Home care is at times characterised by poor employment practices which hamper good care, in some cases leading to degrading work practices and high turnover. The sector faces rising demand and staff costs, reductions in public funding and rationing of care by local authorities, with more people making private arrangements, often without support. Experts claim home care needs a ‘relationship-centred approach’, innovation including greater use of technology, and skilled workers. Few studies have examined home care provision in the UK and the social relations in which it is embedded. This team’s work examines how approaches to care, the use of technology and job design inter-relate in innovative home care provision, affecting sustainability and wellbeing. The focus includes study of the potential of innovative home care models to foster sustainable care relations, use technology and create job quality.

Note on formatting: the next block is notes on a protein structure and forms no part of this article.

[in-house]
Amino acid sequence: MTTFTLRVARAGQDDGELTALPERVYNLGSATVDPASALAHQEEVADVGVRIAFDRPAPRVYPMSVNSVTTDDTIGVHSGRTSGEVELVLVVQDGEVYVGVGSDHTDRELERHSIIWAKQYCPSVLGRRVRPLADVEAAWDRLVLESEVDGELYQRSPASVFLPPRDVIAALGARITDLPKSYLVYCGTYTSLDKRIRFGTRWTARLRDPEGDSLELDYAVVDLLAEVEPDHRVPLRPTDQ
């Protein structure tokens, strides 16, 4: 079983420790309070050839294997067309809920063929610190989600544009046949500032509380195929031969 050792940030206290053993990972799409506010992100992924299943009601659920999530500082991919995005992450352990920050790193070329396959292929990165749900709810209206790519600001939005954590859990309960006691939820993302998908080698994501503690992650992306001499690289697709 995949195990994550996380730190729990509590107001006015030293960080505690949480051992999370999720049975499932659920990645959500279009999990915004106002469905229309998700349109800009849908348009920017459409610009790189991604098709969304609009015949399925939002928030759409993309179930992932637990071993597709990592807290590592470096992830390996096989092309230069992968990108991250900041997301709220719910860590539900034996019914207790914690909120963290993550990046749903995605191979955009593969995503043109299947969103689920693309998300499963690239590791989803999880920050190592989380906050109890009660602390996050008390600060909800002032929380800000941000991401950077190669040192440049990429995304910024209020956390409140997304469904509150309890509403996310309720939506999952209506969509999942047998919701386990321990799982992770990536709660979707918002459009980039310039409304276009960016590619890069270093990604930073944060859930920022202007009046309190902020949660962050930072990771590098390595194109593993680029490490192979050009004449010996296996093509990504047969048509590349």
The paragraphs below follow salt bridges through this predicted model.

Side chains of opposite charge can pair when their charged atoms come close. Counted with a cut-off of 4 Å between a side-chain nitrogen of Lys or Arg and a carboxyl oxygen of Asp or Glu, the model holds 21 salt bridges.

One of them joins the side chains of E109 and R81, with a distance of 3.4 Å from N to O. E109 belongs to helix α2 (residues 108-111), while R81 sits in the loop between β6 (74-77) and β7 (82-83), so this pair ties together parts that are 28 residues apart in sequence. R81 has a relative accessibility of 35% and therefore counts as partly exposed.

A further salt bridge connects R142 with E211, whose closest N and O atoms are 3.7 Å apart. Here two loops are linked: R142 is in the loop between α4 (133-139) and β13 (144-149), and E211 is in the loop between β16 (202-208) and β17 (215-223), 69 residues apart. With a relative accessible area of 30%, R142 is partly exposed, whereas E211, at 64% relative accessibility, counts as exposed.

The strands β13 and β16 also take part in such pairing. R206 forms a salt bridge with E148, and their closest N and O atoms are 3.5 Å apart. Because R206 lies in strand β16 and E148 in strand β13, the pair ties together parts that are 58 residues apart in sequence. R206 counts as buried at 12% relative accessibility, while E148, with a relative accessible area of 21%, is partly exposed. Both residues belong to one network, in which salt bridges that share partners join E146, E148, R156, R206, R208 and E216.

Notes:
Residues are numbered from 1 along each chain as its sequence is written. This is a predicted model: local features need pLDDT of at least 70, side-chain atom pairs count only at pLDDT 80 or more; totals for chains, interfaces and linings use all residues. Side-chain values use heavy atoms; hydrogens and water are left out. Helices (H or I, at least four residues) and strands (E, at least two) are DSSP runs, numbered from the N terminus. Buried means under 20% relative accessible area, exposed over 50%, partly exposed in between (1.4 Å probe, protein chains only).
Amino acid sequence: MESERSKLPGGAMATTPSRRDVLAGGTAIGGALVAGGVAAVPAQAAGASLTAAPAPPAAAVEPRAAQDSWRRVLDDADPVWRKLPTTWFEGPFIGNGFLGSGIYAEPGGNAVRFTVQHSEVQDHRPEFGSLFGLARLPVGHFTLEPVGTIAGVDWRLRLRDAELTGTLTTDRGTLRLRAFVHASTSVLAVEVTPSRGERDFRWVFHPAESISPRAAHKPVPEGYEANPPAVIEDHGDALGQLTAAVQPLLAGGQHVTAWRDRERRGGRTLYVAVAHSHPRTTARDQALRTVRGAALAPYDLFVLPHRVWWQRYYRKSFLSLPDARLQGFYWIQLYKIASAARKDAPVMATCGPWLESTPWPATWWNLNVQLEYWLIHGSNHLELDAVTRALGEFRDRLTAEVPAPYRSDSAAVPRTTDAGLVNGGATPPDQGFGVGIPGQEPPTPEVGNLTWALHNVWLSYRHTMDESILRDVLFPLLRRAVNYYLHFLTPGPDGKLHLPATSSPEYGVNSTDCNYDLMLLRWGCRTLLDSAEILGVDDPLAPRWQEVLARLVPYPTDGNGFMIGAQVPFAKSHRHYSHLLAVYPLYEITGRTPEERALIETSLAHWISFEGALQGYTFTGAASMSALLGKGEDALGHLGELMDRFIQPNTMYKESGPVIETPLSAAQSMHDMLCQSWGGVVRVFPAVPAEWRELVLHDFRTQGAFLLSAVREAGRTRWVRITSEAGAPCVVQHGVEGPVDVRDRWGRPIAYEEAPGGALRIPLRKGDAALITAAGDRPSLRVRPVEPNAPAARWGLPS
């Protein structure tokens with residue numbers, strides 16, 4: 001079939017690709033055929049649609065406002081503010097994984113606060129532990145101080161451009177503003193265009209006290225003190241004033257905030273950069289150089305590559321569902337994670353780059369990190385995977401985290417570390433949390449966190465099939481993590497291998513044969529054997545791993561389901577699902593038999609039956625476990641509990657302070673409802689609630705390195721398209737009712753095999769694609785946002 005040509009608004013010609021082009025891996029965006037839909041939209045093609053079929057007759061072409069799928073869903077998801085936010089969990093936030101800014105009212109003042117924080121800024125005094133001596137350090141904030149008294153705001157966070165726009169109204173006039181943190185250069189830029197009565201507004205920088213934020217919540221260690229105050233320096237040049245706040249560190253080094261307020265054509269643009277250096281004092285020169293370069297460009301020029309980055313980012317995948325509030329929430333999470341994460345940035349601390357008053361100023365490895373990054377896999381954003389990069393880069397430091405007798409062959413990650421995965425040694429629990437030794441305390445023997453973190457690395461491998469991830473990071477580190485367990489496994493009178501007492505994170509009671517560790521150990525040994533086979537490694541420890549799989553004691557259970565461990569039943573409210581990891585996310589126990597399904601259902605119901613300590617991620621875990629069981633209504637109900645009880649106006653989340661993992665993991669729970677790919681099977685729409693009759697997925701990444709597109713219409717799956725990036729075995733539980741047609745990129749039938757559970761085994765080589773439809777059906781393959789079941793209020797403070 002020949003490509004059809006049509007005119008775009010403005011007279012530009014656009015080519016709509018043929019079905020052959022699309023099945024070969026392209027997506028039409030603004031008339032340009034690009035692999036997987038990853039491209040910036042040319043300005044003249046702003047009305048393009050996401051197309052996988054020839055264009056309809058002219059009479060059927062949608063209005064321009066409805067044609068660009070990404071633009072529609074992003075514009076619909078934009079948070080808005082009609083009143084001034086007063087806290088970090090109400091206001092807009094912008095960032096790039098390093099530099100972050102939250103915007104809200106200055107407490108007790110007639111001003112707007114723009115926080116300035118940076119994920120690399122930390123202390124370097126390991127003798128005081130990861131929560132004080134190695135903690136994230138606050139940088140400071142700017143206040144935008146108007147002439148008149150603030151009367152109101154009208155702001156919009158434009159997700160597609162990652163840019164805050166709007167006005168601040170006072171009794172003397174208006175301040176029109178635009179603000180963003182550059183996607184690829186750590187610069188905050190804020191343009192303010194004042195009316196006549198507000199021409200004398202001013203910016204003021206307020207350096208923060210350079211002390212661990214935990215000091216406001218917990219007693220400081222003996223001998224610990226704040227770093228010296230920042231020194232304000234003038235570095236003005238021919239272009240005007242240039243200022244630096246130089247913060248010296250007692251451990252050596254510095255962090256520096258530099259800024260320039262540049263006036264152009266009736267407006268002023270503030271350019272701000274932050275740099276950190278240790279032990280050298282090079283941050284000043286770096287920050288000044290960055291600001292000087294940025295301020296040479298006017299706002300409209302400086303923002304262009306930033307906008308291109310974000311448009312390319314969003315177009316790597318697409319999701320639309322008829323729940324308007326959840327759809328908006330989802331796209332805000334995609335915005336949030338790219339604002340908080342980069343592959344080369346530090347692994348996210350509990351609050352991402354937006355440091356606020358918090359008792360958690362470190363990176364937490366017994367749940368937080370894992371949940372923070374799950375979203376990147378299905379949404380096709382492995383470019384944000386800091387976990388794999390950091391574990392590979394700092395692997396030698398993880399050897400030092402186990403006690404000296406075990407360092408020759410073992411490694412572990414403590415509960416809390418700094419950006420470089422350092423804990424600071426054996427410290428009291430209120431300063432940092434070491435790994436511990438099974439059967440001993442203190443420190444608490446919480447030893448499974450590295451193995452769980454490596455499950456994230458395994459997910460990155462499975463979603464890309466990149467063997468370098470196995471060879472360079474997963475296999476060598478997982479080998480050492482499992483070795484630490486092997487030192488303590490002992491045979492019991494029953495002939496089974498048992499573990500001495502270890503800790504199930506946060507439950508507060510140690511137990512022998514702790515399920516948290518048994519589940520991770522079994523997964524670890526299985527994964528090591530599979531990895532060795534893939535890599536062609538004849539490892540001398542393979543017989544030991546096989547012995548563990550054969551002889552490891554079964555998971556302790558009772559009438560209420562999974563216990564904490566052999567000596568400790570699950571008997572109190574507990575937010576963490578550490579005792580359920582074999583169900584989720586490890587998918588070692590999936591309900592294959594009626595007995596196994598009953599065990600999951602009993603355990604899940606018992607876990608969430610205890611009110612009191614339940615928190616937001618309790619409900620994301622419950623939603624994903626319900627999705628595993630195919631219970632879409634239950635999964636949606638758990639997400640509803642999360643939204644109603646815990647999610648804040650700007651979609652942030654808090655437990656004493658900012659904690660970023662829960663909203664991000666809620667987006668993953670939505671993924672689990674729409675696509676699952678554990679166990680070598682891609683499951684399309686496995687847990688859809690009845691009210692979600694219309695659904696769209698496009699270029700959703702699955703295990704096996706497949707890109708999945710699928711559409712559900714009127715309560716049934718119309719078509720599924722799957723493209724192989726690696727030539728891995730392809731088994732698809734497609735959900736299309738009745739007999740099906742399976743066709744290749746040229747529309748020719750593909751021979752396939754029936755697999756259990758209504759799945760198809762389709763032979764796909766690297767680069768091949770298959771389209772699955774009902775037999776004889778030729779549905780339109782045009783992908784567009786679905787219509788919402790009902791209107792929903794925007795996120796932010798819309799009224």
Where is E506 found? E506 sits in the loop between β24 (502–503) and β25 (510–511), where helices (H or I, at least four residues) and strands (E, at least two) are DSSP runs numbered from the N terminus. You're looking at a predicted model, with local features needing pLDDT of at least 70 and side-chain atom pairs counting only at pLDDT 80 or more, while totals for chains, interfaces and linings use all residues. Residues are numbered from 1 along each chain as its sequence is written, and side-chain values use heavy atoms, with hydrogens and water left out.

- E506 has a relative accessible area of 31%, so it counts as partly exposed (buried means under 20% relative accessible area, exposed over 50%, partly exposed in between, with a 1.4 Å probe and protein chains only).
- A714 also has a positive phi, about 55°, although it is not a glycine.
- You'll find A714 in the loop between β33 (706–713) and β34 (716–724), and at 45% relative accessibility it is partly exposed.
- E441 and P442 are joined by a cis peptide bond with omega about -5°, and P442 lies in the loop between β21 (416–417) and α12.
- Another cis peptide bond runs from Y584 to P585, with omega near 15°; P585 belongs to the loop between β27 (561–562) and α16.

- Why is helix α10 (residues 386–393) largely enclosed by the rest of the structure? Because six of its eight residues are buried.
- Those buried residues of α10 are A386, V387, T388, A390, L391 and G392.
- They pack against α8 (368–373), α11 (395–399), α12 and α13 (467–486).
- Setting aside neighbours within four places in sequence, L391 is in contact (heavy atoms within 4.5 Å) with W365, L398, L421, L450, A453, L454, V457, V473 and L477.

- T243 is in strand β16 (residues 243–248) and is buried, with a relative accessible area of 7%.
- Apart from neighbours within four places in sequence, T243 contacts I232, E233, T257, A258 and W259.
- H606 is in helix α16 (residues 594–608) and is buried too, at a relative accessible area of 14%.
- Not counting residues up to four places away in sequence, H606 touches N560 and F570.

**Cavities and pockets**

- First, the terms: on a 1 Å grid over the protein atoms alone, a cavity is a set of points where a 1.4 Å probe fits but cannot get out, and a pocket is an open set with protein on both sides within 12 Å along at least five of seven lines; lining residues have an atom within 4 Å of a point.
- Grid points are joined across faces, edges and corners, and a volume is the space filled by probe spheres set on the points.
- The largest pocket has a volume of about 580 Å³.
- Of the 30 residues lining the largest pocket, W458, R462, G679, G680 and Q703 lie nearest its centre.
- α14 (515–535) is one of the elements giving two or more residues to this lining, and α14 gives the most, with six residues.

The team working on home care is led by Dr Diane Burns, and comprises Dr Kate Hamblin and Dr Cate Goodlad. It is focusing on emerging models of innovative home care and how these incorporate technology; the consequences of these, and other innovations, for the wellbeing of all parties; their impact on caring relationships, care workers’ jobs, and carers and care recipients’ daily lives; and their scope to deliver support sustainably with wellbeing outcomes.
Its main research questions are:
- What innovative home care models are emerging in different local and national UK contexts?
- What capacity do innovative home care models in the UK have to support sustainable care at home and wellbeing outcomes? Through which mechanisms is this achieved?
- In planning home care, and its potential future use of technologies, what can be learned from other countries about how home care models affect the wellbeing of those using and providing care, with particular reference to innovative provision in Australia and New Zealand?